If you didn’t know where Ricky Schroder stood on the political spectrum before last year, don’t be ashamed. It’s been ages since Silver Spoons, the sitcom that made his name. That all changed in November, when it was revealed the former child actor had joined the likes of Scott Baio as ‘80s stars who had gone full-rightwing. First he helped bail out Kyle Rittenhouse, the teen who shot two protesters to death late last summer. And this weekend he posted a video of him harassing a Costco employee who was simply asking him to wear a mask when entering their premises.
Schroder got hell for the video, with a lot of the blowback involving a Hollywood player, even a fallen one, pestering someone just doing their job. After his name went viral, and not in a good way, he tried to douse the flames, offering an apology that amounted to “sorry, not sorry.”
The not-quite-mea culpa came towards the start of what a 7 ½-minute video that finds him sitting at an outdoor table, offering a meandering précis on thoughts that appear to be largely shaped by rightwing media sites. He addressed the video, which finds him pressing his smartphone camera close to the Costco employee, who patiently explains that the company still requires customers to put a simple piece of cloth over the face due to a still-going once-in-a-century pandemic.
“I was trying to make a point to the corporate overlords and I’m sorry that I had to use you to do it,” Schroder told the employee, who he turned into an unwitting social media hero for putting up with a belligerent former celebrity. “I’m not upset with you or anybody in the position like you have, who works for a living. I understand you were following your laws and rules. I was trying to make a point to the corporate overlords and I’m sorry that I had to use you to do it. And if I hurt your feelings, I apologize.”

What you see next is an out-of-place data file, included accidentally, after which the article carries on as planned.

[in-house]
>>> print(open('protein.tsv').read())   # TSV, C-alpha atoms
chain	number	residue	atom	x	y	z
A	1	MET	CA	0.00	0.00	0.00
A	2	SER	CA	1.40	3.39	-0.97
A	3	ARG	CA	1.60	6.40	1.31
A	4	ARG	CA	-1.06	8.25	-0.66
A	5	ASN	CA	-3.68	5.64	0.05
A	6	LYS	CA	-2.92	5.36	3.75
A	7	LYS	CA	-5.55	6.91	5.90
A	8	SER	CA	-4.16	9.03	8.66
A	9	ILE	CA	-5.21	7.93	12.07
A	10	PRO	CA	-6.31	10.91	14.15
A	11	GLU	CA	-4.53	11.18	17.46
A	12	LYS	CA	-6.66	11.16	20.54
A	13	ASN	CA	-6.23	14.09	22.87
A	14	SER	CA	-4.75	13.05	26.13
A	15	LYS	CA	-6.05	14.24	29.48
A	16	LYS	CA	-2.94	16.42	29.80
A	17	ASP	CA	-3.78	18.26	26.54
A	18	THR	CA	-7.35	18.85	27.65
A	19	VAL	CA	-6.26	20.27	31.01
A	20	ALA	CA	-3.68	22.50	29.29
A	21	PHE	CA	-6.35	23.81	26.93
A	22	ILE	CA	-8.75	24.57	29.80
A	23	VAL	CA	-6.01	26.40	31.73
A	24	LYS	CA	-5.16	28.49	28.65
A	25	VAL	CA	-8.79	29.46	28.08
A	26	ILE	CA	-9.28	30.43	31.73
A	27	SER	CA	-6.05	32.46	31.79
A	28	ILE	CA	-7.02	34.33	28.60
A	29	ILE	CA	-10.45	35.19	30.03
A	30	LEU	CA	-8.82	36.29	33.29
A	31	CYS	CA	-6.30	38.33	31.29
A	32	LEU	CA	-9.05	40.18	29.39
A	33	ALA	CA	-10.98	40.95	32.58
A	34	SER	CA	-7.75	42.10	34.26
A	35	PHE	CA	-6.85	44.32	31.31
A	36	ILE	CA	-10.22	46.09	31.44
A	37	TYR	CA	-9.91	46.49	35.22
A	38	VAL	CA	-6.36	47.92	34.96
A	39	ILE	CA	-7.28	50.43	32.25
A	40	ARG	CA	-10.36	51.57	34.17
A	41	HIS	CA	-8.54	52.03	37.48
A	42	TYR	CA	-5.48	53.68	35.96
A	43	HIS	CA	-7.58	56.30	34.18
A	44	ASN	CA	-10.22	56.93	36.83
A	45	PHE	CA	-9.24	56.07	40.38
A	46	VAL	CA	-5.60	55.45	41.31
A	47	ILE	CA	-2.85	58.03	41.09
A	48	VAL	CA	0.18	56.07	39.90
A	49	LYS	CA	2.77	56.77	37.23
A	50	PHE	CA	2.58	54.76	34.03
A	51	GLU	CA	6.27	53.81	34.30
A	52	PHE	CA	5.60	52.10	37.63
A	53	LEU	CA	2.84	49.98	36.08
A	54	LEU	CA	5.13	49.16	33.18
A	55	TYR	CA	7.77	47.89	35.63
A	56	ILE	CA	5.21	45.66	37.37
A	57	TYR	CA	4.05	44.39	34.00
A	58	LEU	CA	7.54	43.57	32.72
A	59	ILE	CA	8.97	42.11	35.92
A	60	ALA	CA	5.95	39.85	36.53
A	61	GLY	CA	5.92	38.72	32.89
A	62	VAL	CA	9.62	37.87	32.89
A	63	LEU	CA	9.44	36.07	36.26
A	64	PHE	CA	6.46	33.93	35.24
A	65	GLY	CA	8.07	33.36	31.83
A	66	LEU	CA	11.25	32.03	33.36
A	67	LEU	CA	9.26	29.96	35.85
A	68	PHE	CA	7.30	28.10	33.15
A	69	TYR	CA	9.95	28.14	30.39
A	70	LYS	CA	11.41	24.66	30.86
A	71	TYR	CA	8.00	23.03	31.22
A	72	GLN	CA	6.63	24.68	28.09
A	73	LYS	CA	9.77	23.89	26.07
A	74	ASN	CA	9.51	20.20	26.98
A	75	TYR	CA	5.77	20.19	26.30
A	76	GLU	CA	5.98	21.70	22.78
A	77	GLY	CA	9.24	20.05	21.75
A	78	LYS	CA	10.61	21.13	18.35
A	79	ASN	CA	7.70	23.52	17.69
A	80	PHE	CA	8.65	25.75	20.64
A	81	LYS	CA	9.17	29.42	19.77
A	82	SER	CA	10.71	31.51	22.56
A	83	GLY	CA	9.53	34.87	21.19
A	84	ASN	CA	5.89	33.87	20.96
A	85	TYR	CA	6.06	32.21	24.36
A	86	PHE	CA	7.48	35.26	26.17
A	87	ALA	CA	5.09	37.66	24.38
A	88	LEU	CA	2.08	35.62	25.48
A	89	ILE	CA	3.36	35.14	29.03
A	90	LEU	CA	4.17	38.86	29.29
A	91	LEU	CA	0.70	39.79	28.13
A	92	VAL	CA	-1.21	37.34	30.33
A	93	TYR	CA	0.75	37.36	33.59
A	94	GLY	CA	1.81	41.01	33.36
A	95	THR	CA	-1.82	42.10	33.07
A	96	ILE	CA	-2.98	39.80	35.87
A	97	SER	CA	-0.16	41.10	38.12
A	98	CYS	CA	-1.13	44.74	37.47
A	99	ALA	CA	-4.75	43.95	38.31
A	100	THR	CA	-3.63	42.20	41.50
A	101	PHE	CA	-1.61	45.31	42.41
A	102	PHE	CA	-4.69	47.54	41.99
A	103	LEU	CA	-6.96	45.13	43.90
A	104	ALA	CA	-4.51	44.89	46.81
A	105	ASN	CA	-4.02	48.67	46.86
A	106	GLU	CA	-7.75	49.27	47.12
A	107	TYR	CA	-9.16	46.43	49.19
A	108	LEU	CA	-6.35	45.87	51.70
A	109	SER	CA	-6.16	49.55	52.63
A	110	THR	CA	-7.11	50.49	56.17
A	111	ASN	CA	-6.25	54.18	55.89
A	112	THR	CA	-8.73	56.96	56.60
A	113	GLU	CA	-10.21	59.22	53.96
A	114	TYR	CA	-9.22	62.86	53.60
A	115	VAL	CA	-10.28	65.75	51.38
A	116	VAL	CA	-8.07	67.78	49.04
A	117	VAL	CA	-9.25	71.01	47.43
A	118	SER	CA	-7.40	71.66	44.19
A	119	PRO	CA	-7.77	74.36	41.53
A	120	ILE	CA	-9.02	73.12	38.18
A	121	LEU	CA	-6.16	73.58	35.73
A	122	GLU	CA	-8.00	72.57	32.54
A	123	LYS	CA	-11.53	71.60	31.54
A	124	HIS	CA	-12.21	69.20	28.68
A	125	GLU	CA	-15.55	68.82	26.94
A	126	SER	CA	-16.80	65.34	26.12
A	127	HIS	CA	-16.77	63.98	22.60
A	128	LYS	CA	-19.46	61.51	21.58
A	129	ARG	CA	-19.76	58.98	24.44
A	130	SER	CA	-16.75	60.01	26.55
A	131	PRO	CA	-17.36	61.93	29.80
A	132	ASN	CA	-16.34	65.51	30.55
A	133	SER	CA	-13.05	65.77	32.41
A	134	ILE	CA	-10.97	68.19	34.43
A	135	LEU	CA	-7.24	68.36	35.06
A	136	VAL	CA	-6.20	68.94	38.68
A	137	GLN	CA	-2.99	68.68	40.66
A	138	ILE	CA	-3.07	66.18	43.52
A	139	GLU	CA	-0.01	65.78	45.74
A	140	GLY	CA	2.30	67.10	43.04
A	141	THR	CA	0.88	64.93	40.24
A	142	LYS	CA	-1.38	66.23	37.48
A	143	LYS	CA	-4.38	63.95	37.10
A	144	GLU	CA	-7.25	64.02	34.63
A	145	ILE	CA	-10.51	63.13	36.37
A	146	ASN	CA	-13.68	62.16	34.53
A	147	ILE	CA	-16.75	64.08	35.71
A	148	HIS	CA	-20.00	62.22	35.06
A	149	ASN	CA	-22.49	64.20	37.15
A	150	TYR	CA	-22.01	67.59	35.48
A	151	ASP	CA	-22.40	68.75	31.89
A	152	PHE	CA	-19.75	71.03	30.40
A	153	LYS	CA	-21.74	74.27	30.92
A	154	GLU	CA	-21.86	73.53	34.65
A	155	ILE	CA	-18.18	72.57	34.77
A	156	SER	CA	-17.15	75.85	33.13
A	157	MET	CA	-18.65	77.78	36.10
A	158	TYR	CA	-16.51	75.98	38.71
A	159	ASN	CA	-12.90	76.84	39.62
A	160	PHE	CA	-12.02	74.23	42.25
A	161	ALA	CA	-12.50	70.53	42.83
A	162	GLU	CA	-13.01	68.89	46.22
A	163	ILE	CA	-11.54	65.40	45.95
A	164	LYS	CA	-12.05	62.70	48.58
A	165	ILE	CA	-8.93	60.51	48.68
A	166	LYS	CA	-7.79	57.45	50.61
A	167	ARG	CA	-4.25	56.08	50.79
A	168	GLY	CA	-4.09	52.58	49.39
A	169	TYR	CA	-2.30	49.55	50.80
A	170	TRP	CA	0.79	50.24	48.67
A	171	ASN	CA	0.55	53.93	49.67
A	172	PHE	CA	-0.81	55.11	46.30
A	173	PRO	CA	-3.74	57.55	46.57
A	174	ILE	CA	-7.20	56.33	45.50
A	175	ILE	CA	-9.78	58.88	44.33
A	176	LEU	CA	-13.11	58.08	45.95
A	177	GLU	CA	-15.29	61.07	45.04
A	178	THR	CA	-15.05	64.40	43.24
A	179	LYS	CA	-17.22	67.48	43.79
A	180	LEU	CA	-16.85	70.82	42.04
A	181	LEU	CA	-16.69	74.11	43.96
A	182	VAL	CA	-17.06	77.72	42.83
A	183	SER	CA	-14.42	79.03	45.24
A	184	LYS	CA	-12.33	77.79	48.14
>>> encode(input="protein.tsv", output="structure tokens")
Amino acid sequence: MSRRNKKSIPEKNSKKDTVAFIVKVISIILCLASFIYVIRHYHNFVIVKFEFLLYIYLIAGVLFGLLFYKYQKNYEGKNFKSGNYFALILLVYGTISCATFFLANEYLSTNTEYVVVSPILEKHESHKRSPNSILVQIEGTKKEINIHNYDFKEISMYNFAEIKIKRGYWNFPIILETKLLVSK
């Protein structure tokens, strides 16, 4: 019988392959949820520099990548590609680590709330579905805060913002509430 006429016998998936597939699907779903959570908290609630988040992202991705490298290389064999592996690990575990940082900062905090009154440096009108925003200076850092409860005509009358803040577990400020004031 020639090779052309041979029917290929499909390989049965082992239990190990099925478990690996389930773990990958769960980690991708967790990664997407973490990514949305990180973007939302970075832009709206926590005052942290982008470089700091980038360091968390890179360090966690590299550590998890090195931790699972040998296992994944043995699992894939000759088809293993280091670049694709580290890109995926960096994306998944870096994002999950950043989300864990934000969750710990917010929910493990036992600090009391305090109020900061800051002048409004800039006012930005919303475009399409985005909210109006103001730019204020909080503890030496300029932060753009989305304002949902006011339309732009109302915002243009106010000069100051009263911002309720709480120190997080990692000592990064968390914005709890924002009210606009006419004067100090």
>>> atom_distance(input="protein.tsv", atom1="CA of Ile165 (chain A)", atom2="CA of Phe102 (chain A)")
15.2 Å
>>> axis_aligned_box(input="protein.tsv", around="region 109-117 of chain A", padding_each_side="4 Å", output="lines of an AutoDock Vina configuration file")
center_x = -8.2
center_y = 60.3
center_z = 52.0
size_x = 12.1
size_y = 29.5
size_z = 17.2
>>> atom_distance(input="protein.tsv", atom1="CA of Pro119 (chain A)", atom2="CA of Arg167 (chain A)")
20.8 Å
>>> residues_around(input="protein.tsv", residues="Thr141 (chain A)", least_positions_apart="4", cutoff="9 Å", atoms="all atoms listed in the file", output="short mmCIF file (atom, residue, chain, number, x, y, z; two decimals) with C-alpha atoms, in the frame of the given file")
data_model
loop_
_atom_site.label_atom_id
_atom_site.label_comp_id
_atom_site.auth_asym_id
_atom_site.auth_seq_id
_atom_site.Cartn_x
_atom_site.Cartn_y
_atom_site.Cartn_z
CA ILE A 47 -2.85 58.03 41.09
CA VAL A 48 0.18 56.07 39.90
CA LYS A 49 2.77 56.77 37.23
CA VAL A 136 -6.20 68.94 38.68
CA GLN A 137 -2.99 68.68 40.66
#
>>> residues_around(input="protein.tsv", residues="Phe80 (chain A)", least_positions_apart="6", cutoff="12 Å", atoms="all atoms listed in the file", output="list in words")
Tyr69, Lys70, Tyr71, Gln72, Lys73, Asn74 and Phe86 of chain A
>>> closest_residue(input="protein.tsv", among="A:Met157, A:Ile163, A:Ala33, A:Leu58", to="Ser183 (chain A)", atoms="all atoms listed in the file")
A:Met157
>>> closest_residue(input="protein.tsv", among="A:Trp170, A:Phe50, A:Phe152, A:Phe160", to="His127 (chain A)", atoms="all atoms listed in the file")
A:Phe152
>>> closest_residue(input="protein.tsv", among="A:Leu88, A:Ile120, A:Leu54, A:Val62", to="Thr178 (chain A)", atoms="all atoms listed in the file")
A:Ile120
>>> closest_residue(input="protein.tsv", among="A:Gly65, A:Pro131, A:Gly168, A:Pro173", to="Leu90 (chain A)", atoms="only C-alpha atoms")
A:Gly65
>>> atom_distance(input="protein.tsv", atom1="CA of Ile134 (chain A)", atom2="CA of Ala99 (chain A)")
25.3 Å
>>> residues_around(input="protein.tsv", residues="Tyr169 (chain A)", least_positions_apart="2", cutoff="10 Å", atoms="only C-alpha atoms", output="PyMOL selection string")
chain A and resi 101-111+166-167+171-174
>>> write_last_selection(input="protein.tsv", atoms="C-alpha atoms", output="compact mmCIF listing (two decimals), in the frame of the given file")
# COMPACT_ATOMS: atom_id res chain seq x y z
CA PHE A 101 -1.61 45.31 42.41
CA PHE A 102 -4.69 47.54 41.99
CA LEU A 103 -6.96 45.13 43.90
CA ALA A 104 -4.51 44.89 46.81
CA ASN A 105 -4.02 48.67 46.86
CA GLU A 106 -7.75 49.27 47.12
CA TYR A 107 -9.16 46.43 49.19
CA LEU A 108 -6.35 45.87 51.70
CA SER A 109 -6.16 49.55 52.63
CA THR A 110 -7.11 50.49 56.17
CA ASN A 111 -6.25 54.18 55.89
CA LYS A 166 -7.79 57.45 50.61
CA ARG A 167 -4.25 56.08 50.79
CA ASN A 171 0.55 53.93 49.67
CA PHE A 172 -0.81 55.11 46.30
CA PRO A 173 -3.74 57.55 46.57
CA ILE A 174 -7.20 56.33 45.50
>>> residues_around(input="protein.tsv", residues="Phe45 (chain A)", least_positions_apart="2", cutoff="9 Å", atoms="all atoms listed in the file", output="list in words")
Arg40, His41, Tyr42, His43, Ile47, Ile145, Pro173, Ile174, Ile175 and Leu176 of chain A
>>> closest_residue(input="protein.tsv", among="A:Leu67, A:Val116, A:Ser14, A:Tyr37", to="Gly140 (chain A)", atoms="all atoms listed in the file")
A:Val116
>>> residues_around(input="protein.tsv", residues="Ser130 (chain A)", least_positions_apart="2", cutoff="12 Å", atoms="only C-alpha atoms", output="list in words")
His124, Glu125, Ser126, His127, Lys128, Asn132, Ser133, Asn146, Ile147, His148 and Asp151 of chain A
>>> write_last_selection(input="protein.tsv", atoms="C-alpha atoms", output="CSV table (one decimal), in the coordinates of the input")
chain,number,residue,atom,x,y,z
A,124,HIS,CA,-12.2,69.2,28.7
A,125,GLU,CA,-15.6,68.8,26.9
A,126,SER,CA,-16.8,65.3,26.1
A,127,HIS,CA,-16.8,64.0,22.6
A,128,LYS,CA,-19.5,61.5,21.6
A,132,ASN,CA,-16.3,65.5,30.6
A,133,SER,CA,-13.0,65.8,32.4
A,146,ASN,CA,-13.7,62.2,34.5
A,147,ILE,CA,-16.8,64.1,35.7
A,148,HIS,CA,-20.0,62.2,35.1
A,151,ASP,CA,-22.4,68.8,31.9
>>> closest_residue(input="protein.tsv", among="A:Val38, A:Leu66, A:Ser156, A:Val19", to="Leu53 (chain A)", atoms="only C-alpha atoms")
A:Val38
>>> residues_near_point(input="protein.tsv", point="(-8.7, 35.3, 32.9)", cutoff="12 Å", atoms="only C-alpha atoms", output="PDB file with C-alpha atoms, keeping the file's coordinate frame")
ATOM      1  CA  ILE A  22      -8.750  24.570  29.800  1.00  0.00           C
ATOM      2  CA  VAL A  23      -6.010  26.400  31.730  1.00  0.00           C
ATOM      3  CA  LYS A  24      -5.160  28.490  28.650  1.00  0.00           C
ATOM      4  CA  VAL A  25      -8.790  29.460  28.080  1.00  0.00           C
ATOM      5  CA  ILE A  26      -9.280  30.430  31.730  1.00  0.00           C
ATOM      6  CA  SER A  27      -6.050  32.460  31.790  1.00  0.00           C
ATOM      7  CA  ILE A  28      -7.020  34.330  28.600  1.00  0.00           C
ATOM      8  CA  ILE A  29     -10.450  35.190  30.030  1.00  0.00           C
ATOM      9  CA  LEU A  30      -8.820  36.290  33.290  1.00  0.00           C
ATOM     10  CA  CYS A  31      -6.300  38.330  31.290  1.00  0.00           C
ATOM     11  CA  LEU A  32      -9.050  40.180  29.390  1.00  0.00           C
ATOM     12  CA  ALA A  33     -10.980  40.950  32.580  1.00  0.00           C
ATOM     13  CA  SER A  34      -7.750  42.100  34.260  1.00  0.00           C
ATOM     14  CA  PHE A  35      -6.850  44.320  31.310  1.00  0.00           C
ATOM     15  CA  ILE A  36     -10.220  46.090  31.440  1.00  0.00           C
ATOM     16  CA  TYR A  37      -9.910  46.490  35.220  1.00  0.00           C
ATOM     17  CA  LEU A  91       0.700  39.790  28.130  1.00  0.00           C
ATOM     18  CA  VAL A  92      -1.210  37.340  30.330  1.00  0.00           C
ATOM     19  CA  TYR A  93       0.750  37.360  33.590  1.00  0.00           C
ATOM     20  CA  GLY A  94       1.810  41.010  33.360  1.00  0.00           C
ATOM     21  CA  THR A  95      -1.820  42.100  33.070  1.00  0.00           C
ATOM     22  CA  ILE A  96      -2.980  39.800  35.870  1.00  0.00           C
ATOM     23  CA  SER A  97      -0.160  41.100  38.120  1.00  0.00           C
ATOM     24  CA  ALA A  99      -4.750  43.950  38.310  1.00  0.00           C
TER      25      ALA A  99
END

But he wasn’t that sorry. “I do think that independence for medical tyranny is more important than hurting people’s feelings,” he said. “I want us all to go back to the way it was. I don’t want this COVID reality they want, these COVID passports. I just don’t want it. And neither should you.”
There was more — a lot more. Schroder, who seems to regularly record similar videos on his Instagram page, had some thoughts. They ranged from single mothers (which he blamed on “feminist-liberal-socialist policies”) to police (“back the Blue!”) to a, um, long dissertation on Rhodesia, which he described as a “place where whites live in fear.” He told “the black community” that they should listen to Candace Owens.
Schroder also repeatedly gushed about the ‘80s, when things were better, he claimed — or at least when he was famous and made lots of money. He painted it with the same nostalgic brush Donald Trump uses to whitewash the ’50s, with the exception of the “crack-filled streets in the inner cities.” He then said, “We’ve gotta kill all the drug dealers,” albeit just “the big drug dealers.”
But most people, including the Costco employee he accosted, probably didn’t make it that far. Still, if you ever wondered what the guy whose breakthrough was a movie where no less than Jon Voight played his dad thinks about Marxism, well, now’s your chance.
(Via The Wrap)